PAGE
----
Monsieur Salut writes: one saving grace of supporting Sunderland from afar, whether from France or London in my case, is the need to rely on Nick Barnes and Gary Bennett‘s commentary on each game at BBC Radio Newcastle. It’s not free as it used to be but for once, that is not the club’s fault – the Football League insists that commentary via club sites should be paid-for.
Someone I follow at Twitter said last night that Benno’s moaning got him down. In my case, it’s the cause of that moaning that depresses me: the utter dross and incompetence he and Nick are required to assess. But I believe they do it, the commentary and the punditry, in style, Nick’s measured eloquence combining effectively with Benno’s footballing nous and passion for the club he captained.
Here, from a Facebook posting he has given me consent to reproduce, Nick – read more about him here – reflects on the club’s predicament and suggests we will rise again. As for when, he is less sure.
And if you read on, there’s a response from Graeme Anderson, another man who knows the joys and other emotions of reporting on Sunderland …
And so the search begins for another Sunderland manager. The 10th in nine years. The 12th in the 15 years I’ve been covering the club.
Groundhog day. It’s a cliche but it’s true. I made a throwaway remark to a colleague this morning that I wonder what it’s like to cover a “normal” football club?
Sunderland seems to be anything but normal. There is never a dull moment but the moments are generally mired in a miasma of failure and despondency.
Ten years in the Premier League was all well and good but on average Sunderland only won seven games a season.
One travelled the country more in hope than certainty and the only thing to look forward to was the pre-match hospitality.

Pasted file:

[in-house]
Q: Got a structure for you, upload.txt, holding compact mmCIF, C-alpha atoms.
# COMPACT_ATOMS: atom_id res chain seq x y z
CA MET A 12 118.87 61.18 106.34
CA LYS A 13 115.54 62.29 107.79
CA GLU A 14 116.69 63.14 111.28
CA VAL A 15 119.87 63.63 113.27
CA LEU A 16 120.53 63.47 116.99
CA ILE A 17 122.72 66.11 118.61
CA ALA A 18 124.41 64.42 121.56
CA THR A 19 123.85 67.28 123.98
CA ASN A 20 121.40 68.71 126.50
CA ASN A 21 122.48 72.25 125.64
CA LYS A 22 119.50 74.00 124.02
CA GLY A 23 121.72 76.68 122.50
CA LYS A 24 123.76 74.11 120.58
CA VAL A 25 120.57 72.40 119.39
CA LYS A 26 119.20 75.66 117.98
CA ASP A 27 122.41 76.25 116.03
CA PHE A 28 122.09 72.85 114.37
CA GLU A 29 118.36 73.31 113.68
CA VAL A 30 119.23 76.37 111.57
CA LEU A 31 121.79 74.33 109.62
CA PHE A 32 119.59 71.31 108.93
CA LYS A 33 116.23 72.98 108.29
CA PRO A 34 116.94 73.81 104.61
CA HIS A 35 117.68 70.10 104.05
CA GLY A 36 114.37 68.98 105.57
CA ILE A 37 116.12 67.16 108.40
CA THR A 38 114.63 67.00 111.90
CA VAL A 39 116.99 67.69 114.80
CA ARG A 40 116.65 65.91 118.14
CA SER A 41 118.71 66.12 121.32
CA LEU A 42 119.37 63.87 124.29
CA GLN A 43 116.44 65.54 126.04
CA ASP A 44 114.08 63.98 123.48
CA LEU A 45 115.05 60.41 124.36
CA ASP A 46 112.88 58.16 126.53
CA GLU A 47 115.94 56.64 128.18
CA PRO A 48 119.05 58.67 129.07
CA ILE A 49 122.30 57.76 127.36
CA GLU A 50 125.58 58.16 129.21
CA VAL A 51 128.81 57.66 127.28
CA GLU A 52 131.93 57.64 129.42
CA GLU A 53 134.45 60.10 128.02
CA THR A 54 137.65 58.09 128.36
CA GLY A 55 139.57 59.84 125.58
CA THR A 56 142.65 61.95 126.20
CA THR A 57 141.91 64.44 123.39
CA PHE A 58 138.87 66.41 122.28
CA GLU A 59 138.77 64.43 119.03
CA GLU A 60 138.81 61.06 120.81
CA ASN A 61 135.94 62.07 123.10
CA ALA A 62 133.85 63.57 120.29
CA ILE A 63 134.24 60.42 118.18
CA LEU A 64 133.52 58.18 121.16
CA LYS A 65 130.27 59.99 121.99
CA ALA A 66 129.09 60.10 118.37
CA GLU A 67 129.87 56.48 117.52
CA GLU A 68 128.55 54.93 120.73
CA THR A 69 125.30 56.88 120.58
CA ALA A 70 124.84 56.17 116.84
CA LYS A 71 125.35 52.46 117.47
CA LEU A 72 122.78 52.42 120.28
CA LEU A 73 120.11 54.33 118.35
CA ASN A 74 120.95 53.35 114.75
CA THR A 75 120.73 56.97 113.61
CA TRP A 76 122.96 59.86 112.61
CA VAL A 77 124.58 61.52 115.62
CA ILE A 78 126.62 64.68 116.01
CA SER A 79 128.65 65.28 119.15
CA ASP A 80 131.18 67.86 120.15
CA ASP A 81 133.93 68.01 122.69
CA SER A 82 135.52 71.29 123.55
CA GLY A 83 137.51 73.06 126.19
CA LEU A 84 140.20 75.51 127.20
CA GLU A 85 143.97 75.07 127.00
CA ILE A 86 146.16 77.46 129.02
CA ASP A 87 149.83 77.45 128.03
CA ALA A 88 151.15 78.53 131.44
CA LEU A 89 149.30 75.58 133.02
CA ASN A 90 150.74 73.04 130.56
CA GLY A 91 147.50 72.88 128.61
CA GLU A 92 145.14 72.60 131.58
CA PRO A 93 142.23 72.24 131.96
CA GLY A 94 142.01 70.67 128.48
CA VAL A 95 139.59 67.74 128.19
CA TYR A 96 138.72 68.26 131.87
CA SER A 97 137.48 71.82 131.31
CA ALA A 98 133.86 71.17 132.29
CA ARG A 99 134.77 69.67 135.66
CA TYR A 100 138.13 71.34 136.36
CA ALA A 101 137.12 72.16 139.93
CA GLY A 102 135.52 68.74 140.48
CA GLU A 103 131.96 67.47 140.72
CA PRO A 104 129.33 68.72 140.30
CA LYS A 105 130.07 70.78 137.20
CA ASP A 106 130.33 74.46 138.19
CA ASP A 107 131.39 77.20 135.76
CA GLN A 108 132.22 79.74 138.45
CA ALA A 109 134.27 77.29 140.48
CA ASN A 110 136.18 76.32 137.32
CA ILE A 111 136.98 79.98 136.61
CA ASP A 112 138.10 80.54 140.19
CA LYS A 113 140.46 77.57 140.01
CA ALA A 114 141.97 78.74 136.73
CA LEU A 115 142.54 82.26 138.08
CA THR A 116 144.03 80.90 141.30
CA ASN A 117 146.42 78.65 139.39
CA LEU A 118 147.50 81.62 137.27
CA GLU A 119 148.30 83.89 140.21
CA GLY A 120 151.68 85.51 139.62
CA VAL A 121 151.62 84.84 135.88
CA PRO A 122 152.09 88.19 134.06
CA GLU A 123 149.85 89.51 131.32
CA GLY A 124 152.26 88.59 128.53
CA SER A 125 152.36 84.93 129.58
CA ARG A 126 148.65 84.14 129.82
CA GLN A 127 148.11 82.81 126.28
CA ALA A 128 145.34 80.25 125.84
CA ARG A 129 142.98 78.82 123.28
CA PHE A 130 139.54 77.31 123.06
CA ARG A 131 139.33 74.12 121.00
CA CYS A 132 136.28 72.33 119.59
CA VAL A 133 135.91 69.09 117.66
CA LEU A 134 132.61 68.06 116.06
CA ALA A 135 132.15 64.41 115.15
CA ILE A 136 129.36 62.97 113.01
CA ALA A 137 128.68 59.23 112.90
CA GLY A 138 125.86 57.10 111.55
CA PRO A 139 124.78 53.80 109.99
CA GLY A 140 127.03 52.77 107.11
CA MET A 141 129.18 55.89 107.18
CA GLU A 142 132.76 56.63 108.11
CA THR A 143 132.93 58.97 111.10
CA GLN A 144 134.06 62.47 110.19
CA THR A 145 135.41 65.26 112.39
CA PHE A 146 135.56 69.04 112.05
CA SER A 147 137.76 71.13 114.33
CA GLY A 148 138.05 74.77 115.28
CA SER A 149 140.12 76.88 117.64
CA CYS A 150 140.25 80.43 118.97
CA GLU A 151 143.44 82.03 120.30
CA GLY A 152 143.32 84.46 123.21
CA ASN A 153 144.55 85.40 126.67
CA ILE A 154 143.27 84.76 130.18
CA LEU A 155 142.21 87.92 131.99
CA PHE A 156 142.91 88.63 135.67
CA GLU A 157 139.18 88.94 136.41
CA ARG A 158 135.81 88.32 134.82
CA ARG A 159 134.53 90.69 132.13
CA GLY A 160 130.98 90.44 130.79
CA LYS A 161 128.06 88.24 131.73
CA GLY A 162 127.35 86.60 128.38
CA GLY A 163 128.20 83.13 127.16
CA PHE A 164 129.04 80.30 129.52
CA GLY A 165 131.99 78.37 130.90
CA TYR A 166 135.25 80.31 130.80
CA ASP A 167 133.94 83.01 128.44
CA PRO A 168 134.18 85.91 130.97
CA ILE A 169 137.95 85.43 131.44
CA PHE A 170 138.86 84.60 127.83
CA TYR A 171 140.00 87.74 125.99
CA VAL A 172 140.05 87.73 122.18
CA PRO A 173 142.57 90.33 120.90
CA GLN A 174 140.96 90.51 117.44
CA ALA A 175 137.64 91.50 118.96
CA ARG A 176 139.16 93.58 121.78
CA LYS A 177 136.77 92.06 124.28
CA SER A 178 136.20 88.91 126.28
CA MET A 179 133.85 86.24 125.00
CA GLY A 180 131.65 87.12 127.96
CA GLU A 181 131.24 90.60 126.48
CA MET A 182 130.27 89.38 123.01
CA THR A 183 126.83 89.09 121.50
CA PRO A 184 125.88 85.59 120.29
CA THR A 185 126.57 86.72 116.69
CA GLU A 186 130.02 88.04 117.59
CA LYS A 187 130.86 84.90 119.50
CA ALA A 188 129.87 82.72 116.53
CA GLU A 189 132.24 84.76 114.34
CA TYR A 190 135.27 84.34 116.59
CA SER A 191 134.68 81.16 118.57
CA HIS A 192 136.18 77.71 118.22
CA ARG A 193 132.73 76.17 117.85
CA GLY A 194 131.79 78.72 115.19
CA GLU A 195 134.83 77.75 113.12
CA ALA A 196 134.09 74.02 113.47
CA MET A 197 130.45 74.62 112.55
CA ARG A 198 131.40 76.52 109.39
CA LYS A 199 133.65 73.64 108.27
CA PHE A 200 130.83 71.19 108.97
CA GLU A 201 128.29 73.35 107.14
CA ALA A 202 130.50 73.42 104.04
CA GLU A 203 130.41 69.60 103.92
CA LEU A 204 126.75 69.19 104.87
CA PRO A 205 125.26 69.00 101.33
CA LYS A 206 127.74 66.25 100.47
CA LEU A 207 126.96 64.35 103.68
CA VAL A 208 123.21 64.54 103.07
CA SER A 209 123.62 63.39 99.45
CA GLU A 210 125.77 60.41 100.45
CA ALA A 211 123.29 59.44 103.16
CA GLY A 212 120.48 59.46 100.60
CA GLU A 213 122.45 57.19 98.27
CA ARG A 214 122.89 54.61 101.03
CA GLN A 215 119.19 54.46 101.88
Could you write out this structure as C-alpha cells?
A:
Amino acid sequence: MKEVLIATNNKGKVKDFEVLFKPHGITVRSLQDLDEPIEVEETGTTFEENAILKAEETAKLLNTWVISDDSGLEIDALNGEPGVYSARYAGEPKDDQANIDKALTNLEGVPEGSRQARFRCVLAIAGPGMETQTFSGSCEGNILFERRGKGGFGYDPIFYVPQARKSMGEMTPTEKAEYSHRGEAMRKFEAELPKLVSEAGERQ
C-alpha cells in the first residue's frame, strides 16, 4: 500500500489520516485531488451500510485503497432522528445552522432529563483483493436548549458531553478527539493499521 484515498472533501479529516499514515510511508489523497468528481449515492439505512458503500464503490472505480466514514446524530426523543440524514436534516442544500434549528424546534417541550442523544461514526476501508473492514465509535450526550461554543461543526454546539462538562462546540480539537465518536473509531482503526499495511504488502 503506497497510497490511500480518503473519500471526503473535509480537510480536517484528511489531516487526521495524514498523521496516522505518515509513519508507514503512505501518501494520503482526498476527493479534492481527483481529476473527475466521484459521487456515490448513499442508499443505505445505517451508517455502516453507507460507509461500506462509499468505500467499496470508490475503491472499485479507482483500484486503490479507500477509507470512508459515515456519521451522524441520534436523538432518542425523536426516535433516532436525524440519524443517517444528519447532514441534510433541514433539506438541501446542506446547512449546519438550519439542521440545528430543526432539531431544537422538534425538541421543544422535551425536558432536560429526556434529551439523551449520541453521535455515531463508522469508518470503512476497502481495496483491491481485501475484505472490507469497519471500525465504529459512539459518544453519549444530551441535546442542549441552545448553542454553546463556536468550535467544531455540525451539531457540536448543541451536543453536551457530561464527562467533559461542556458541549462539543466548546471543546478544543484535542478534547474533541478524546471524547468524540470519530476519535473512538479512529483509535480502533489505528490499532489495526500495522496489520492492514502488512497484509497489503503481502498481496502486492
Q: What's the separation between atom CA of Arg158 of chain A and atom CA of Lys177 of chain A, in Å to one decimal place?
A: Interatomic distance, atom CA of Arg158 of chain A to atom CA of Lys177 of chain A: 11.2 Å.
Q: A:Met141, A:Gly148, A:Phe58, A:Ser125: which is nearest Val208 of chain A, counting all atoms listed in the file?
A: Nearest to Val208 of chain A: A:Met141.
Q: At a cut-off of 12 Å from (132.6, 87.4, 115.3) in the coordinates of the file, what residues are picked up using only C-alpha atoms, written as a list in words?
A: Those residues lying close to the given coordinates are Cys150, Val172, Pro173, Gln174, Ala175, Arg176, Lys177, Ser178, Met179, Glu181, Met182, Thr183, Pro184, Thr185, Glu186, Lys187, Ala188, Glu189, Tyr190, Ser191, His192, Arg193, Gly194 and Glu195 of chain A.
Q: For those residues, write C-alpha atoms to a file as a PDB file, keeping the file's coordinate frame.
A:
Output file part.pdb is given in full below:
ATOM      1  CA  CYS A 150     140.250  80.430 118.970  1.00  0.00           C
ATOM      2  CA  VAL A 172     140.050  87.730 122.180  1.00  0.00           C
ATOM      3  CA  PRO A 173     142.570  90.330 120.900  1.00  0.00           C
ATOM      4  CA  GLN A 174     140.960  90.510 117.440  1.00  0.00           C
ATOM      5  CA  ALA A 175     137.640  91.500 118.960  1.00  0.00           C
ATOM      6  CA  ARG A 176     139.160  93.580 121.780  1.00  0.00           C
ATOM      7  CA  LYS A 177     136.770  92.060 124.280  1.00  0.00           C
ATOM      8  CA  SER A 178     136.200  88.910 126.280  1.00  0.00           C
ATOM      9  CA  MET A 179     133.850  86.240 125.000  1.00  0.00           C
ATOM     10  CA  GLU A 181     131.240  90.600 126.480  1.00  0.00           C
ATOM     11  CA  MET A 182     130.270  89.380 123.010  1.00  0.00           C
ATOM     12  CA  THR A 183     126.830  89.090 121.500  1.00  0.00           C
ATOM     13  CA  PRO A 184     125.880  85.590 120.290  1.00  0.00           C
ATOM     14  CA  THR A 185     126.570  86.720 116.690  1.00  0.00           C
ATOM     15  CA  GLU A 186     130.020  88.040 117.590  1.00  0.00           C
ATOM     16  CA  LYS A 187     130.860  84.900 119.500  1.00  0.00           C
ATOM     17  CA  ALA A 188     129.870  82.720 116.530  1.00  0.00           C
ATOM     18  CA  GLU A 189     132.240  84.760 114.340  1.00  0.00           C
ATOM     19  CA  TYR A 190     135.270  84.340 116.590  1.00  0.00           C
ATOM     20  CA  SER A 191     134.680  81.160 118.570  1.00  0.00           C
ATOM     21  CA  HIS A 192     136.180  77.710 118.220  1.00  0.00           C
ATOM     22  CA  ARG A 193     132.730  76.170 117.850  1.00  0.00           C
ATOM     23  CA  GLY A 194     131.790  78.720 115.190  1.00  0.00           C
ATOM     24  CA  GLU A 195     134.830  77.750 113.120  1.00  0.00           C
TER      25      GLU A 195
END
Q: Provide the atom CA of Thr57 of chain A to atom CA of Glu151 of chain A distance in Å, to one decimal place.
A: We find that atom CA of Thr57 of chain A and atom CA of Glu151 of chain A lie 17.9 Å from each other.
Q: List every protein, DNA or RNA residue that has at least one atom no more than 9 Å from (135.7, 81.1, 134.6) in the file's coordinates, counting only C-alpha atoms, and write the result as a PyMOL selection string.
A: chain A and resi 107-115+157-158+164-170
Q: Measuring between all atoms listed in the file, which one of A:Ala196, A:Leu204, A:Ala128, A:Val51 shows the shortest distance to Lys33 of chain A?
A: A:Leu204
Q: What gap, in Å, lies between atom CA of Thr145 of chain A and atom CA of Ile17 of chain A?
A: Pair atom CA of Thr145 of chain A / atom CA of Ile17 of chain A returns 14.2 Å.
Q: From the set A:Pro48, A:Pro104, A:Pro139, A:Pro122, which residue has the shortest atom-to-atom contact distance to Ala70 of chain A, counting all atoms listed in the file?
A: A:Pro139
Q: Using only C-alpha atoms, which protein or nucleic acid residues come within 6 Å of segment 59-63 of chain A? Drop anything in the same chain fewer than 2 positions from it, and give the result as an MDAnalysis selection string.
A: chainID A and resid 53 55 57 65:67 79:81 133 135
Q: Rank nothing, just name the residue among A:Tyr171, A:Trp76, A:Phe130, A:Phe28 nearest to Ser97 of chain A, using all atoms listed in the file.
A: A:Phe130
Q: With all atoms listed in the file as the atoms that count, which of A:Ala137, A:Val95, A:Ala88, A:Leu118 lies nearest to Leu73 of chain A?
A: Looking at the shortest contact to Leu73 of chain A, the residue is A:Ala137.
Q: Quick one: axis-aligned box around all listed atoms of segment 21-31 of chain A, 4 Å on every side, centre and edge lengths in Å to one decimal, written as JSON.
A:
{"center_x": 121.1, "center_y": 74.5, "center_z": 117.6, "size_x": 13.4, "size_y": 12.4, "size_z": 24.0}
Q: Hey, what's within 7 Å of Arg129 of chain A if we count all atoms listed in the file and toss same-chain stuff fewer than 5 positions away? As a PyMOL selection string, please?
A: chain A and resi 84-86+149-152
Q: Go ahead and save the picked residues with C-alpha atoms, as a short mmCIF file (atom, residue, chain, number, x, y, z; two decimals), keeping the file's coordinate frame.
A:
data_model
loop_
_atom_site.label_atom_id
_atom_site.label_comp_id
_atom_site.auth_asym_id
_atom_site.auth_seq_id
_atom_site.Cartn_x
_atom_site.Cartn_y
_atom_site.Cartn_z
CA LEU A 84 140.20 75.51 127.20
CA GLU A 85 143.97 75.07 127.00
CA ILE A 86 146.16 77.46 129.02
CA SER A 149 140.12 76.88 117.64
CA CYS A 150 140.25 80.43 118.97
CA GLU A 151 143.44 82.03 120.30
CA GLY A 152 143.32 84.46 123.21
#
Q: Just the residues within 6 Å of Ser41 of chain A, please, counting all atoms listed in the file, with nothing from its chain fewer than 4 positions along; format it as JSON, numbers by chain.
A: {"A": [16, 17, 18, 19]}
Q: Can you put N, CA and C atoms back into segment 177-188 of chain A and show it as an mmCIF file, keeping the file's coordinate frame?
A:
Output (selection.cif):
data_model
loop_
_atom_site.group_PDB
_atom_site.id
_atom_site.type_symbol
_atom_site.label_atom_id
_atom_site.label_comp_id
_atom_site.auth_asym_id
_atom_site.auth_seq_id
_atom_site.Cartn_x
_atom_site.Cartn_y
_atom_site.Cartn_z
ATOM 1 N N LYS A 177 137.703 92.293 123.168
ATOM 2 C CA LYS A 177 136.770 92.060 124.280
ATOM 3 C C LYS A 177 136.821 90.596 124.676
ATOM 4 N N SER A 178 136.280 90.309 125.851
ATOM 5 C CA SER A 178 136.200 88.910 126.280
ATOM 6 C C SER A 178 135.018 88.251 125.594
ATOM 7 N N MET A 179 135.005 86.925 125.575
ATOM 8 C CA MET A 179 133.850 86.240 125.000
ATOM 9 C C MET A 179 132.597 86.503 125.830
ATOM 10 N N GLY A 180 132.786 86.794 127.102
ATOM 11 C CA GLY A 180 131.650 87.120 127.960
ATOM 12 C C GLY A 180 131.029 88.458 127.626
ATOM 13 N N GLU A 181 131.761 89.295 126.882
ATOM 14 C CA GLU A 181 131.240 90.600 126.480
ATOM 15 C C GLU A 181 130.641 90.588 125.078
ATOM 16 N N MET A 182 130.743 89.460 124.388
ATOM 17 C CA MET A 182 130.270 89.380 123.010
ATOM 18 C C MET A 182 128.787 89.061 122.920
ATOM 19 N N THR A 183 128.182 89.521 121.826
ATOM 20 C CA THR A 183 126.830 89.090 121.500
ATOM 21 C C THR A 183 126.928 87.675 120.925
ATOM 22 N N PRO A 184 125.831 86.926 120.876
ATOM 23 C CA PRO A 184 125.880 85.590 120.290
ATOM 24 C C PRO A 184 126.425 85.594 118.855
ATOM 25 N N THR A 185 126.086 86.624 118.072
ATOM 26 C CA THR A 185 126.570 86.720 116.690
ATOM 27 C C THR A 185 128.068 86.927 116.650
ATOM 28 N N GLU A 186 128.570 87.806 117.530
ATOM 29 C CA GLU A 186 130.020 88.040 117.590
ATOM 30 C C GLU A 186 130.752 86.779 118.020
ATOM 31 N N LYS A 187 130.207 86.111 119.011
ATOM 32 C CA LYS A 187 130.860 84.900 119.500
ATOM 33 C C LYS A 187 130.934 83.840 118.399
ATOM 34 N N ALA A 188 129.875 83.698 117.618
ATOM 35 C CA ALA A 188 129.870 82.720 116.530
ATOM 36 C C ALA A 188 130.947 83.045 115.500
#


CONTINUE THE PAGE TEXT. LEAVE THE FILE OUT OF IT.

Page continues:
The extensive menu offered at Stamford Bridge couldn’t be bettered although Manchester City and Arsenal ran them close.
Now it’s an under-heated pie at Griffin Park or a cup of tea at Oakwell and a burger from a van.
Don’t get me wrong I love the Championship. I love its raw untarnished sense of realism. “Real” football again. Proper old grounds like Oakwell and Craven Cottage. No red tape and an endless succession of post-match interviews that by the time the manager reaches you he’s all talked out and just wants to get on the bus.
I’m surprised Simon Grayson failed at Sunderland. He seemed the perfect fit, if there is really such a thing, with his experience at this level with Leeds and Preston, let alone all the other clubs he’s managed in the Football League.
But he too has been sucked into Dante’s cursed inferno of failed managers on Wearside. His CV stood up to scrutiny. So did Steve Bruce’s, Martin O’Neill’s, Dick Advocaat’s and so on. They’re not all bad managers.
The problem is the football club. A decade of mismanagement and now a chief executive trying to remedy the ailing behemoth are contributory factors. It will come good again one day I’m sure.
When that day will be is hard to contemplate, so far has it fallen. Simon Grayson was another victim and he will bounce back.
At the moment it’s hard to see where or when the club is going to bounce back such is the malaise and the disarray, but it will.
Another manager will come in and probably struggle as have all the others.
The Premier League already seems an aeon ago and a return there in all honesty is also probably aeons away but as hard at is, fans in these parts will, as they say, keep the faith. It’s what they do through thick and thin and that passion is what makes Sunderland such an appealing football club to cover.
As I said before, there is never a dull moment.
* Graeme Anderson, former chief football writer at the Sunderland Echo, writes in response:
Nick, if you thought Simon Grayson was the perfect fit, I’m worried about you. From the very start, it looked like the wrong appointment to me and I wasn’t shy in saying so. As for Martin Bain, well, he talks a good game and he looks right, but his first two appointments as manager have been disastrous. As for the club’s propensity to shoot itself in the foot – that’s a given. Could be some time – barring cup matches – before you’re sampling the Shangri-Las of the Emirates, Etihad and Stamford Bridge stadiums again.